> > Normally, to do that, Parent would have some virtual method defined as
> > "=0", and implemented in the two children. The problem I have is that the
> > only difference between the three classes is in the constructor. In fact,
> > the two child classes won't define any methods at all other than their
> > constructors.
> >
> > What's the best way to make it impossible to instantiate an instance of
> > Parent in a situation like this?

>
> If you don't need _any_ polymorphic behavior from your 'Parent' class
> (including
> polymorphic deletion), I'd suggest that you simply declare all 'Parent's
> constructors with 'protected' access specification.
>
> --
> Best regards,
> Andrey Tarasevich


That sounds pretty straight-forward. Thanks.
 
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JefferyRen@gmail.com
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Posts: n/a
 
      11-12-2005

Roy Smith wrote:
> In article <(E-Mail Removed)>,
> Andrey Tarasevich <(E-Mail Removed)> wrote:
>
> > Roy Smith wrote:
> > > I want to have three classes; Parent, Child1, and Child2. Parent is to be
> > > an abstract base class with Child1 and Child2 concrete classes derived from
> > > Parent.
> > >
> > > Normally, to do that, Parent would have some virtual method defined as
> > > "=0", and implemented in the two children. The problem I have is that the
> > > only difference between the three classes is in the constructor. In fact,
> > > the two child classes won't define any methods at all other than their
> > > constructors.
> > >
> > > What's the best way to make it impossible to instantiate an instance of
> > > Parent in a situation like this?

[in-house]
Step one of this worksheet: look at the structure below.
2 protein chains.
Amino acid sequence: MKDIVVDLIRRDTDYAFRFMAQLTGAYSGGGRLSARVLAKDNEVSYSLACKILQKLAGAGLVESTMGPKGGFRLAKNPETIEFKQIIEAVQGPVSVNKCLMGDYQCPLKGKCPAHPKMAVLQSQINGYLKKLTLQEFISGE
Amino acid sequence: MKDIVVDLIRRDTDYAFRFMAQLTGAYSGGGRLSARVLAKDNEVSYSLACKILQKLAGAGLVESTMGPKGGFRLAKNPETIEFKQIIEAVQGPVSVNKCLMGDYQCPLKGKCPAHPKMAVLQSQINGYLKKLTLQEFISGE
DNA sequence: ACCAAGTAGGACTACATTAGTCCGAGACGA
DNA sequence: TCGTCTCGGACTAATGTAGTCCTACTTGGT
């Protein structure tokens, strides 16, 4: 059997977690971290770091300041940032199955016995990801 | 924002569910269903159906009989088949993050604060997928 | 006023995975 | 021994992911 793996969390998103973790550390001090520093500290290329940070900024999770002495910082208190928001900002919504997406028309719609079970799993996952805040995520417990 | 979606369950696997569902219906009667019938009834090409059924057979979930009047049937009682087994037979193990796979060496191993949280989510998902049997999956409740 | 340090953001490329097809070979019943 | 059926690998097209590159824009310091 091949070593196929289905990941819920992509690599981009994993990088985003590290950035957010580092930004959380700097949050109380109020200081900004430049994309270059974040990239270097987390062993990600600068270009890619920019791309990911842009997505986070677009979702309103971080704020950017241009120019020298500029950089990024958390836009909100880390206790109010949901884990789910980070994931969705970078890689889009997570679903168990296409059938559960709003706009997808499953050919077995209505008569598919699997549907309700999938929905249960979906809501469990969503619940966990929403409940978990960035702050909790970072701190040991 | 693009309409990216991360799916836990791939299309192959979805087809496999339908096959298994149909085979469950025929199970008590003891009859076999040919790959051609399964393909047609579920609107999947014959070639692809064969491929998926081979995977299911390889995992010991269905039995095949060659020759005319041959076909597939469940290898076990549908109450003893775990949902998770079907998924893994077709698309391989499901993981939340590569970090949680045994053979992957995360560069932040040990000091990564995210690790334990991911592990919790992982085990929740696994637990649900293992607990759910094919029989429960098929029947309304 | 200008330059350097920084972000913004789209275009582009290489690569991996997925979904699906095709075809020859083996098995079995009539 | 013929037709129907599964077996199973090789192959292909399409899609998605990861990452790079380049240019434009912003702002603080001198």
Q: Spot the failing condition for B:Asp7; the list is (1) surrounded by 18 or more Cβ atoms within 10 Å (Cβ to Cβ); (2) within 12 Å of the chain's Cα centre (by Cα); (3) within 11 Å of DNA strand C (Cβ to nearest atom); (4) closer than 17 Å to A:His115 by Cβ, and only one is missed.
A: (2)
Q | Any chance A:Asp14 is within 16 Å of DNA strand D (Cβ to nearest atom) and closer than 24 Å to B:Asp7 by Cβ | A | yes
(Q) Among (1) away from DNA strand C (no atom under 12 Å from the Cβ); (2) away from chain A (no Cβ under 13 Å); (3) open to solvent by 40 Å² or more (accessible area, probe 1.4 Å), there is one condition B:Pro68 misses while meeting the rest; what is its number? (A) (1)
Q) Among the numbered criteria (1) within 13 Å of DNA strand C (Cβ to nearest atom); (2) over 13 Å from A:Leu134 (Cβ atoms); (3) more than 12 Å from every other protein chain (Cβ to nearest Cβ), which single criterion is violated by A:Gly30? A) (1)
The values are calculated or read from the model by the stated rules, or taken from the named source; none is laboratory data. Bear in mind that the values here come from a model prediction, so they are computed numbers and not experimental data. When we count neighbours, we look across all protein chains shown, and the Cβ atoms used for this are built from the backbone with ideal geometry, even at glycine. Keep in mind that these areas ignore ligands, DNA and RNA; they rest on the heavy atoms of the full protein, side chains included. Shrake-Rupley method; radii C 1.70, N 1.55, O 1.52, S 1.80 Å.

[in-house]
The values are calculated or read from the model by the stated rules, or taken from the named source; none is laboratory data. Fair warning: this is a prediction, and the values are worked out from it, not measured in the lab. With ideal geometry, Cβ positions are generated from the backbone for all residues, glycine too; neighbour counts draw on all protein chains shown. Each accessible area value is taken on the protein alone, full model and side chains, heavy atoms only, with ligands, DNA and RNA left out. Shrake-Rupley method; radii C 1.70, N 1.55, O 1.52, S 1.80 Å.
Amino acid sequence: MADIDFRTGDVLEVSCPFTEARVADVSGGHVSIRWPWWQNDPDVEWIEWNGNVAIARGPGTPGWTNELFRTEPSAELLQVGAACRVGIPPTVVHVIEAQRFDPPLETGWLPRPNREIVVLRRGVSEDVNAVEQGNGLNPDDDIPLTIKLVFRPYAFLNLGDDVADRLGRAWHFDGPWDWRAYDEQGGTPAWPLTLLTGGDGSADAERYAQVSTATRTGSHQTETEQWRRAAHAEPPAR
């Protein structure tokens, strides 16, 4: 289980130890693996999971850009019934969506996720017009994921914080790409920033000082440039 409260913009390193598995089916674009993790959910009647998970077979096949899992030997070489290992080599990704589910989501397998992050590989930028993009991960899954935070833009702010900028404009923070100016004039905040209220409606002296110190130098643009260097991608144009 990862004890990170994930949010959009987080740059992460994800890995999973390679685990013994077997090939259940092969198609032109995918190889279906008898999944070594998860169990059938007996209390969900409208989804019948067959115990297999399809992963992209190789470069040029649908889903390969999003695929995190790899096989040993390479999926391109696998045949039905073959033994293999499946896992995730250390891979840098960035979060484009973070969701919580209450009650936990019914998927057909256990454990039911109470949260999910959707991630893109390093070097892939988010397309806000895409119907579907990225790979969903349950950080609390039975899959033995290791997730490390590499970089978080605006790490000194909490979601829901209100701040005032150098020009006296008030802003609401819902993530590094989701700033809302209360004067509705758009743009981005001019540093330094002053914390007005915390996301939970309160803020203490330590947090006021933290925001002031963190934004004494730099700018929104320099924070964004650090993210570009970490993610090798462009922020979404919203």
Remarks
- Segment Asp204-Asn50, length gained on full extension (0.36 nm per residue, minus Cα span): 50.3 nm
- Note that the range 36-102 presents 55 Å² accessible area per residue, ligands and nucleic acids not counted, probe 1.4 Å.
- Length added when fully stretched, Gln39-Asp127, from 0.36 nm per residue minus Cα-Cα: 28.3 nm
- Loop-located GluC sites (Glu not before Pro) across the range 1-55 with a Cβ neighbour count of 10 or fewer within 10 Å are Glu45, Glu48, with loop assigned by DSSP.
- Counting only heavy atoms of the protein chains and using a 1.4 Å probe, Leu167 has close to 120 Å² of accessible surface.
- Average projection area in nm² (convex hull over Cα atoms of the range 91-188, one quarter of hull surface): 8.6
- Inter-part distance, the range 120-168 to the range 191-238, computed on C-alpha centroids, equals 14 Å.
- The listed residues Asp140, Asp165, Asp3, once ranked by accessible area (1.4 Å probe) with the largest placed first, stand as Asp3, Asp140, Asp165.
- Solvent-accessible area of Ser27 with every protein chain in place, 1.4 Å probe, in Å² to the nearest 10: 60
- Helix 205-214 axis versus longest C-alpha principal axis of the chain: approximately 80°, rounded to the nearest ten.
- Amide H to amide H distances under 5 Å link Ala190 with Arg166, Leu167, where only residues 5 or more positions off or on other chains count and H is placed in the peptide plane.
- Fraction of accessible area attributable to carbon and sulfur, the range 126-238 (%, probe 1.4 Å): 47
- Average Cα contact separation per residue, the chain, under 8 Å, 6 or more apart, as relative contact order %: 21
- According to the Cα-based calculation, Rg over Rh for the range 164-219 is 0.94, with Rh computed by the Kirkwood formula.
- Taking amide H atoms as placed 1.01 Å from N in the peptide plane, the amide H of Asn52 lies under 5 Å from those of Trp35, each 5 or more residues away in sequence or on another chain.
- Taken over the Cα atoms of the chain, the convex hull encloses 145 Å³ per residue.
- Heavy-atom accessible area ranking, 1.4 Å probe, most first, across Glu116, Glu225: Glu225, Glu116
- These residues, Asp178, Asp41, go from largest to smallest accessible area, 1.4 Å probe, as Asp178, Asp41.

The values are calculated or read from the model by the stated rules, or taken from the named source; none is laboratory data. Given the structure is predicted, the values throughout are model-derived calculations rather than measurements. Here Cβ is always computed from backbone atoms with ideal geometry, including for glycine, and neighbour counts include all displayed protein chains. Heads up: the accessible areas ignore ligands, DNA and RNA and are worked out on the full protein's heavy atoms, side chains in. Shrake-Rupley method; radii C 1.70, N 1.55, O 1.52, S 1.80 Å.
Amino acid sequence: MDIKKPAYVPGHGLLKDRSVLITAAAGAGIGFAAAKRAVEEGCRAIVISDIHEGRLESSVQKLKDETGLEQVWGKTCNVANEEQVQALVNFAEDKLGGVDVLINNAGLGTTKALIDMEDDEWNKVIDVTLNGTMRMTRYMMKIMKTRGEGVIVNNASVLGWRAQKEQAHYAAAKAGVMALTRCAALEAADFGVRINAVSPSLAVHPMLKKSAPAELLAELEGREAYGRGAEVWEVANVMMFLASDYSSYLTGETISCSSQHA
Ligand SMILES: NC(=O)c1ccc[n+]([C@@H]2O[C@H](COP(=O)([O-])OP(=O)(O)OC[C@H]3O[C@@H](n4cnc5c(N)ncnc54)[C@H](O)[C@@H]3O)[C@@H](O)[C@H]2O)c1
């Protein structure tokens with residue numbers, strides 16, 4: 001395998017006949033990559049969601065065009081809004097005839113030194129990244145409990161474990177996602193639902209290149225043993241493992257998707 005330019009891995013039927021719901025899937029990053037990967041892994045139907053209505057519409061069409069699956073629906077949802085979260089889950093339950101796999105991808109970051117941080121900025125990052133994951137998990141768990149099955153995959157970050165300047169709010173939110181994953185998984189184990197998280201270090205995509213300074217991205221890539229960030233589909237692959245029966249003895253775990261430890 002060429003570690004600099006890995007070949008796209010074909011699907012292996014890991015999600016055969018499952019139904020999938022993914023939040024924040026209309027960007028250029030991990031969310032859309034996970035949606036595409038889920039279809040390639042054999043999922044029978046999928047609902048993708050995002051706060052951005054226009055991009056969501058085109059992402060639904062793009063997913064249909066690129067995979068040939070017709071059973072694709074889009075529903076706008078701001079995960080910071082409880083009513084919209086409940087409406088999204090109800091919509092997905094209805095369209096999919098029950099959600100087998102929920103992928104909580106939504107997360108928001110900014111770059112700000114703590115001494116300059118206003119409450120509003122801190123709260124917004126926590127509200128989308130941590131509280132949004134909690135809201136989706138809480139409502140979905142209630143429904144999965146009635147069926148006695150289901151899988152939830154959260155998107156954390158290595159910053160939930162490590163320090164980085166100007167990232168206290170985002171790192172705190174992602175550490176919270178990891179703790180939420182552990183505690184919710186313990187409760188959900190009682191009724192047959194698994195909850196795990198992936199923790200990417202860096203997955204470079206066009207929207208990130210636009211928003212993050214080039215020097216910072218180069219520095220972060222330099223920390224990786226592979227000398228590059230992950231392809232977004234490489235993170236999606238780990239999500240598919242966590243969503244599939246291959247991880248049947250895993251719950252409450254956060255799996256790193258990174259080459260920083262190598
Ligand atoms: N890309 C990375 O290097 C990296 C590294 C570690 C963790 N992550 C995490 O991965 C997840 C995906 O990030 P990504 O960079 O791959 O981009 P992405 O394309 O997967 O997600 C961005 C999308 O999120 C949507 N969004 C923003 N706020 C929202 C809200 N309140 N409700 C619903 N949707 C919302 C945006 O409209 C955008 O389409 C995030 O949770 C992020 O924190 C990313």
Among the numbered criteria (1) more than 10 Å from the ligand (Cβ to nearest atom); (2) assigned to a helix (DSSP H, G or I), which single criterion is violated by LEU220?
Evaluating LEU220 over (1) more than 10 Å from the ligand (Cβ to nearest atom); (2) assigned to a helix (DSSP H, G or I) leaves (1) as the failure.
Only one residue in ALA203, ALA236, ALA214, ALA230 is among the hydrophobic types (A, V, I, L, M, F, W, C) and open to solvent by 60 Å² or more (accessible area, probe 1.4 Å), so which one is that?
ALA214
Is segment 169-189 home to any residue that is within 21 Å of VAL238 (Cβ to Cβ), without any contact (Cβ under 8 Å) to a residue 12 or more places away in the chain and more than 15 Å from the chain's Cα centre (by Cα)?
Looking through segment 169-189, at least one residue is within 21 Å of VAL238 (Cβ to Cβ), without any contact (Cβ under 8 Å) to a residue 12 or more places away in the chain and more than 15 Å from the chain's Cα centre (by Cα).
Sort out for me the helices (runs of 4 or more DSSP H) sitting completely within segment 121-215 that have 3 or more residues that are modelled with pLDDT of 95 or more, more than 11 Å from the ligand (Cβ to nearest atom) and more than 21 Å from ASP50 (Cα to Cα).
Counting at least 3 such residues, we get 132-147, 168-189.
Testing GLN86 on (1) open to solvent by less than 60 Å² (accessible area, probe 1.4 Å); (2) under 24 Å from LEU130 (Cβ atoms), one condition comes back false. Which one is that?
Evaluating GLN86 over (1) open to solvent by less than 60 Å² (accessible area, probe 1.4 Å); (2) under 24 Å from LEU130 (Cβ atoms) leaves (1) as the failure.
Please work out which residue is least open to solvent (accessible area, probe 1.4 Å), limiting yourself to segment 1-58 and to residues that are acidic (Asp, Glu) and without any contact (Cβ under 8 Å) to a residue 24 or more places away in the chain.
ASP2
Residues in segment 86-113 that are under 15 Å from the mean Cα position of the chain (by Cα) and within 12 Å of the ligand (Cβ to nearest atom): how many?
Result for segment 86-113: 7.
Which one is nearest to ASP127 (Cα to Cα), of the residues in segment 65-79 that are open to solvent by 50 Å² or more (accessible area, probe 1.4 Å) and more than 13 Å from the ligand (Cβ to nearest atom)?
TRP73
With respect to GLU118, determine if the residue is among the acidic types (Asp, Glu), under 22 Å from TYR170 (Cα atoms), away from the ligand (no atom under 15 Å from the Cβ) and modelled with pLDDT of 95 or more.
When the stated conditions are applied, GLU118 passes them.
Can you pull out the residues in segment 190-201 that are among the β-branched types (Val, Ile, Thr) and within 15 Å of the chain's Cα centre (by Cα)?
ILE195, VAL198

> >
> > If you don't need _any_ polymorphic behavior from your 'Parent' class
> > (including
> > polymorphic deletion), I'd suggest that you simply declare all 'Parent's
> > constructors with 'protected' access specification.
> >
> > --
> > Best regards,
> > Andrey Tarasevich

>
> That sounds pretty straight-forward. Thanks.


 
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Duane Hebert
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      11-18-2005

"Roy Smith" <(E-Mail Removed)> wrote in message
news:(E-Mail Removed)...
>I want to have three classes; Parent, Child1, and Child2. Parent is to be
> an abstract base class with Child1 and Child2 concrete classes derived
> from
> Parent.
>
> Normally, to do that, Parent would have some virtual method defined as
> "=0", and implemented in the two children. The problem I have is that the
> only difference between the three classes is in the constructor. In fact,
> the two child classes won't define any methods at all other than their
> constructors.
>
> What's the best way to make it impossible to instantiate an instance of
> Parent in a situation like this?


Make the dtor virtual. It needs to be virtual anyway if you want
to use it polymorphically. Why do you need the base to be
abstract? Are you just trying to prevent it being instantiated?
If that's the case, you may make the dtor pure virtual but then
I think you'll need to implement it in the derived classes instead of
using a default one.